2. The northern line is addressed in the full 65-page report – which I highly recommend reading. Basically the line is not at a high-enough standard and regional trains would get caught up in the all-stops western line.

      It might become feasible if a heavy rail line was built as the AWHC and up the North Shore or if great cost was spent on upgrading the existing corridor. A slow tourist service similar to the KiwiRail tourist trains could be setup on the existing line as well.

    3. Correct we did look into Northland, unfortunately there are three main factors against it being part of this plan, firstly the track is in very poor nick, Kiwirail reports about $240m just to bring it up to the standard of the line to Tauranga, let alone improve it for higher speeds. Secondly the line north is very, very windey and very indirect, it’s literally twice as long as the stage highway. You’re looking at four to four and a half hours to Whangarei to start with. Thirdly, there just isn’t the population north compared to the waikato-BoP, you basically only have Hellensville and Wellsford on the way to Whangarei. Going south you have Hamilton plus eight towns that size then Tauranga, on a route with shorter travel time.

      Our conclusion was that in the near term they should look at a Northern Explorer style tourist service to the Bay of Islands via Whangarei. It would have some use for transport but mostly be for tourists and holiday makers who have the time to take in the scenery.

        1. I’ve got these buggers rumbling past me every day, and they quite seriously bring joy to my heart. There is something quite wonderful about the sound of a fully laden goods train, with a low but satisfying grumble of noise – but something equally wonderful about the passenger electric trains with a very much lighter touch of the wheels on the tracks as they go by. Far, far nicer than a highway full of cars and trucks.

      1. $240 million is peanuts for infrastructure. If (or when) the Marsden Point line is up and running, the Northern Line will need to be upgraded too. However, I agree that for a passenger service, it is limited as a speciality service is the best option.

  14. Very nice, well done folks, and especially Harriet!

    Question – why did you chose to go to Tauranga (once a day) in Stage 1, instead of providing more frequency between Auckland and Hamilton with the same assets?

    1. With limited trains in stage 1, its a trade off between extending one hamilton run to Tauranga and back, or getting in a sixth (interpeak) return trip between Auckland and Hamilton. We figured we had a reasonable spead of departures through the middle of the day, so we’d get better value out of opening up Tauranga that adding in an extra off peak Hamilton run.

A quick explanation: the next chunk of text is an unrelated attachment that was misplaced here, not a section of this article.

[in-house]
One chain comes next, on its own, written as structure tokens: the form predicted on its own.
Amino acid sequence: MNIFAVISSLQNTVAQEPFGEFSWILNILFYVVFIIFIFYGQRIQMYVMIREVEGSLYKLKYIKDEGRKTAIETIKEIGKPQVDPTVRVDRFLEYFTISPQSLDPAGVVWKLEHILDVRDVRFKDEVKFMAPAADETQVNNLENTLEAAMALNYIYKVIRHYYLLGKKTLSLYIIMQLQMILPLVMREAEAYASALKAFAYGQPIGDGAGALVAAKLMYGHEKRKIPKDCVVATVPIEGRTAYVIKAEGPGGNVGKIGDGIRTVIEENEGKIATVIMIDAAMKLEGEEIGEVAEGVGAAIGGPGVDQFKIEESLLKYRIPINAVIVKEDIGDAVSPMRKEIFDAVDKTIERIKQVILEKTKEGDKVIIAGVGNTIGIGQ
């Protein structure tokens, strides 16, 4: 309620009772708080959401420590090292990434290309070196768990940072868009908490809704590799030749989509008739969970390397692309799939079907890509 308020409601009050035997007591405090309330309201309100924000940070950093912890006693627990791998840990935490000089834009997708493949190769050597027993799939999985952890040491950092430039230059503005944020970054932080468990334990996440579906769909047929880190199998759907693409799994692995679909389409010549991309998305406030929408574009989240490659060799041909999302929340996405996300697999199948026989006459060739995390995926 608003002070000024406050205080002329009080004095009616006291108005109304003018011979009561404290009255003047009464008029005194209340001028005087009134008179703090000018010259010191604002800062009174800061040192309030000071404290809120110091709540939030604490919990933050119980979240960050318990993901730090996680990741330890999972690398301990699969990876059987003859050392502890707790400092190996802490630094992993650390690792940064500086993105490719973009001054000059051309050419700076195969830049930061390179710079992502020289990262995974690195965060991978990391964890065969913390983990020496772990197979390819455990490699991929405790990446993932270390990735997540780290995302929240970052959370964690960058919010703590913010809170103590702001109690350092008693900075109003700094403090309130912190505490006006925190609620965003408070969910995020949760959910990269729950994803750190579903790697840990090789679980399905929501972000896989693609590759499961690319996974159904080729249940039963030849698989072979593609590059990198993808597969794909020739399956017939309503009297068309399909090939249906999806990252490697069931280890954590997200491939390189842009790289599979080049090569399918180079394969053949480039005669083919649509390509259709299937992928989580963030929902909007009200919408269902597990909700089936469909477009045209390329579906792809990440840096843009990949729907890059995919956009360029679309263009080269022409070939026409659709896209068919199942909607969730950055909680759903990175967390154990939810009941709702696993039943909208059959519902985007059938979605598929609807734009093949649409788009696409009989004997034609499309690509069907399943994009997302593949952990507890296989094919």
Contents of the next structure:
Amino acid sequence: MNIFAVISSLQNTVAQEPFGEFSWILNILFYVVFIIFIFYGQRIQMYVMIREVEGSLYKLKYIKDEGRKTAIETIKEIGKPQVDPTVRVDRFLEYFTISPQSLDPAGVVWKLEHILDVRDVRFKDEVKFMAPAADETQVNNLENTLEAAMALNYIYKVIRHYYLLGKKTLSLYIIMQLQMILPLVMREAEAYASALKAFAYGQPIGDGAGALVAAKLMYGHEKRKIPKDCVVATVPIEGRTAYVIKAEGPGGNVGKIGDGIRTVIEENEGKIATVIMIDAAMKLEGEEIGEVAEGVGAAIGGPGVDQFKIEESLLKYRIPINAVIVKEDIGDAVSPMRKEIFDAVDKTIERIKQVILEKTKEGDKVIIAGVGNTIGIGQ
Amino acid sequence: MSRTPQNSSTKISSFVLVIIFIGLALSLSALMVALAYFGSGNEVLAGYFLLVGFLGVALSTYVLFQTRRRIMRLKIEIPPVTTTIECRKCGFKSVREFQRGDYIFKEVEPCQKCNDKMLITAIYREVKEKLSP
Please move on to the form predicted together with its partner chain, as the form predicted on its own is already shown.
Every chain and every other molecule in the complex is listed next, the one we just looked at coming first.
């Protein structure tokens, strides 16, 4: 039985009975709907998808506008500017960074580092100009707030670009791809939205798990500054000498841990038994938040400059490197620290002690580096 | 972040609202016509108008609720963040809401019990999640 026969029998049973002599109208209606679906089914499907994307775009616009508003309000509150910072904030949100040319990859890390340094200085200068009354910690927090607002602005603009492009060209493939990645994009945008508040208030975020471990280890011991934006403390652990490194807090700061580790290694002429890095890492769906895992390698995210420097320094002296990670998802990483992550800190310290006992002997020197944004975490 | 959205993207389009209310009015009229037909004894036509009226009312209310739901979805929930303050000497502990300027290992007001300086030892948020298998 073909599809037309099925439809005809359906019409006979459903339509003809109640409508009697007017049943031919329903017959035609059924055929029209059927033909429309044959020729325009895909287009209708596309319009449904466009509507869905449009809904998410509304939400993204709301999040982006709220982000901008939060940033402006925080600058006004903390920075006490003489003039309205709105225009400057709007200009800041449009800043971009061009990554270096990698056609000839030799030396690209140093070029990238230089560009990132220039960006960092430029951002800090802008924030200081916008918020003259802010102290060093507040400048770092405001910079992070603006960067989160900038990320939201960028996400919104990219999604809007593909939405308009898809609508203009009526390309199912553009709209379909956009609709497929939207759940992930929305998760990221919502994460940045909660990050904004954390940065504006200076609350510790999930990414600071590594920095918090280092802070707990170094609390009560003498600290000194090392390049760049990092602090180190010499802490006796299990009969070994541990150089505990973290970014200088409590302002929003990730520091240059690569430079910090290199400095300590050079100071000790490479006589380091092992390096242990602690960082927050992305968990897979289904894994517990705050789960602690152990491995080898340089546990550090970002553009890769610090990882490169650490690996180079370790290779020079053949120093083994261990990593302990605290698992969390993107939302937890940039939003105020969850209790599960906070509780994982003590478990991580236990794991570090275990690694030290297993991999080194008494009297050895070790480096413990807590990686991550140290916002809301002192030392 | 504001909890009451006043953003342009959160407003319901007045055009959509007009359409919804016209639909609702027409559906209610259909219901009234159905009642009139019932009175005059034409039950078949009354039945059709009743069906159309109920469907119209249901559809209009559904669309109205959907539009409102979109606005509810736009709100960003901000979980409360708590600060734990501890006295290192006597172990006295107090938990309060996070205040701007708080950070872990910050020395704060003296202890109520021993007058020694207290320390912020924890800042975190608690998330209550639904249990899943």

15. This is most excellent. And would truly change New Zealand for the better methinks. Connecting cities in this way makes so much sense; there’s so many people who need to travel between these locations on a regular basis.

  16. Thank you, thank you thank you! A wonderful plan. NZ needs to invest in TRAINS as a priority! We’re having to leave Auckland next year (as so many of our friends and work colleagues are), move to Waikato and commute. We would definitely use any train service available rather than car! And I know so many others that would too. This plan solves so many issues at once: less road congestion, housing affordability, reducing emissions for climate change, reducing population pressure in Auckland for schools, hospitals etc., increase road safety with visitors catching the train rather than driving, and increase quality of life and happiness for families. Commuter rail north to Whangarei also required and don’t forget the rest of NZ – commuter / visitor rail Chch – Dunedin – Invercargill too. Only freight trains currently run on the tracks – a travesty! Visitors love Rail journeys! Look at how many trucks have been taken off the road per day with the re-opening of the Kaikoura line, 2,000 per day! I’m an undecided voter but am leaning towards NZ First, purely because they are the only party that supports this / Kiwirail. It just solves so many issues and the tracks are already there. If National or Labour wants my vote, they need to start prioritising Rail ASAP. Make RAIL the number one “Road Network of National Significance”. In fact, if you need $10m for start up commuter service, can we do what the councillor in Dunedin did with the chocolate factory and ask for share-holder donations? Raise the money in weeks. We would be willing to invest in it. (PS. If you could get the heavy rail link to airport sorted in next 5 years, that would be great 😉

    1. Where did you get the 2000 trucks per day figure from? My understanding was they were only running two trains a day in each direction initially, which would mean each train would need about 500 40ft wagons!

          1. 2000 trucks per day = heard on national radio (Kathryn Ryan) last week when train line re-opened. Could be wrong though.

          2. I think there are about 700 trucks per day travelling through the Lewis Pass at the moment (not sure if that is each direction?), opening the railway removes about 70 if my maths is correct, which is reasonably significant.

      1. with Puhinui being a bit cluttered, what about the options of having it at a brownfields redevelopment of the larger amount of space at Wiri? A new multi-modal interchange for north/south and east/west links (HR, LRT, busway, what ever) and maybe even the new intercity bus terminal